New hire: Larger agencies (or those aiming to elevate existing programs) often opt to hire a dedicated employee to serve as wellness coordinator. This individual typically brings formal training and experience in wellness management but may require time to get to know your personnel and acclimate to your agency’s culture and dynamics.

Institutional/hybrid: Some agencies may decide on an established wellness program offered by an external organization, such as a state or county government or large health insurance provider. In such cases, an in-house liaison is necessary to interface with the external wellness coordinator, effectively assuming the role of a wellness coordinator within the agency.

It’s important to acknowledge that the “right person” right now may not be the “right person” forever. As your agency grows and evolves, so will its wellness needs. If you have someone currently in place as a wellness coordinator and aren’t 100% certain that they will be a good fit for the new iteration of your wellness program, it might be time to start fresh with new blood.

Also, if your department is growing, you might find it necessary to take the position of wellness coordinator from a part-time to a full-time job. If the person you choose isn’t willing to give up other duties to focus on wellness, you probably should look for someone else to run the show.

Other things to think about

Remember the old saying: “Perfect is the enemy of good.” Any agency wellness initiative is a constant work in progress. Some things will work, while others don’t. This may hold true for program goals, specific initiatives … and the wellness coordinator.

Selecting the right person to coordinate your wellness program is crucial for any public safety agency embarking on a wellness initiative. By prioritizing qualities such as leadership, communication, organization, and a genuine passion for wellness, you can help ensure you have the right person driving your program forward. Additionally, remaining flexible in the selection process — understanding that the role may evolve with the program — is key to the ongoing success of the wellness program. Ultimately, selecting the right wellness coordinator for your agency is an investment in the health and resilience of your entire organization.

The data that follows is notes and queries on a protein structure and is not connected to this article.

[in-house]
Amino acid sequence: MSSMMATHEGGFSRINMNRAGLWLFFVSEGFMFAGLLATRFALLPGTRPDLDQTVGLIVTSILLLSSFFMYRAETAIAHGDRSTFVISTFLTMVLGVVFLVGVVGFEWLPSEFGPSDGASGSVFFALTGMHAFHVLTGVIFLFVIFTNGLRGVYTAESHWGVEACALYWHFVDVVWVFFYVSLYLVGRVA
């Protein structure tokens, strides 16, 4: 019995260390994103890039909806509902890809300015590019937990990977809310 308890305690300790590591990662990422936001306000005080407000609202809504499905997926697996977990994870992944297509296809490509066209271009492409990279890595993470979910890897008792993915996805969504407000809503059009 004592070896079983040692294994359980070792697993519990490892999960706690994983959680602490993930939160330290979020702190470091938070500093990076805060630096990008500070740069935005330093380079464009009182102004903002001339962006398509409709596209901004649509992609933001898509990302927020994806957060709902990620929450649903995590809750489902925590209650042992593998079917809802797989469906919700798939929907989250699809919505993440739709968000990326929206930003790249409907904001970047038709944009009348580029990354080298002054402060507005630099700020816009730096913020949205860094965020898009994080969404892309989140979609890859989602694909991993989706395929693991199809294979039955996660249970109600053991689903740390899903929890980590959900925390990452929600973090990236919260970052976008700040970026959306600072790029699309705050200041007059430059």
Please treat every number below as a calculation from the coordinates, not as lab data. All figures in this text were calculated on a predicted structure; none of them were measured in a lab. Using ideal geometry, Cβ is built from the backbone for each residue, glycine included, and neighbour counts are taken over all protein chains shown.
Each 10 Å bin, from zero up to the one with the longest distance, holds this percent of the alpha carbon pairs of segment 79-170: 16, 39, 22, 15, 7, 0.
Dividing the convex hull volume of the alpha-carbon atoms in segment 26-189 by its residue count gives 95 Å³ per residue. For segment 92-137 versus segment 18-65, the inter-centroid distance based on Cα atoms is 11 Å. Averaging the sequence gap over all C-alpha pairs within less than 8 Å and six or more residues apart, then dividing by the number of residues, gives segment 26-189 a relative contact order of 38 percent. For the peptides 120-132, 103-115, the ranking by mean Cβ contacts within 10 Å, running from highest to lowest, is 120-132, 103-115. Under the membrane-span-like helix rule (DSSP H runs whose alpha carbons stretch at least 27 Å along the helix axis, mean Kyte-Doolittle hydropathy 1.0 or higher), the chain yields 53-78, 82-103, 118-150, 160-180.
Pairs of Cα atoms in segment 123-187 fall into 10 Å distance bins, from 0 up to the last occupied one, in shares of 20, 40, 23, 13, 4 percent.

NEXT: Mental wellness is crucial for effective public safety work. In this video, Gordon Graham, Lexipol co-founder and risk management expert, explains the four dimensions of mental wellness: mental, emotional, social and psychological.

These dimensions impact how we think, manage emotions, connect with others and make decisions. Watch the video to learn how to promote mental wellness within your team and enhance overall resilience.

Lexipol’s Content Development staff consists of current and former public safety professionals including lawyers and others who have served as chief, deputy chief, captain, lieutenant, sergeant, officer, deputy, jail manager, PREA auditor, prosecutor, agency counsel, civil litigator, writer, subject matter expert instructor within public safety agencies, as well as college and university adjunct professor. Learn more about Lexipol’s public safety solutions.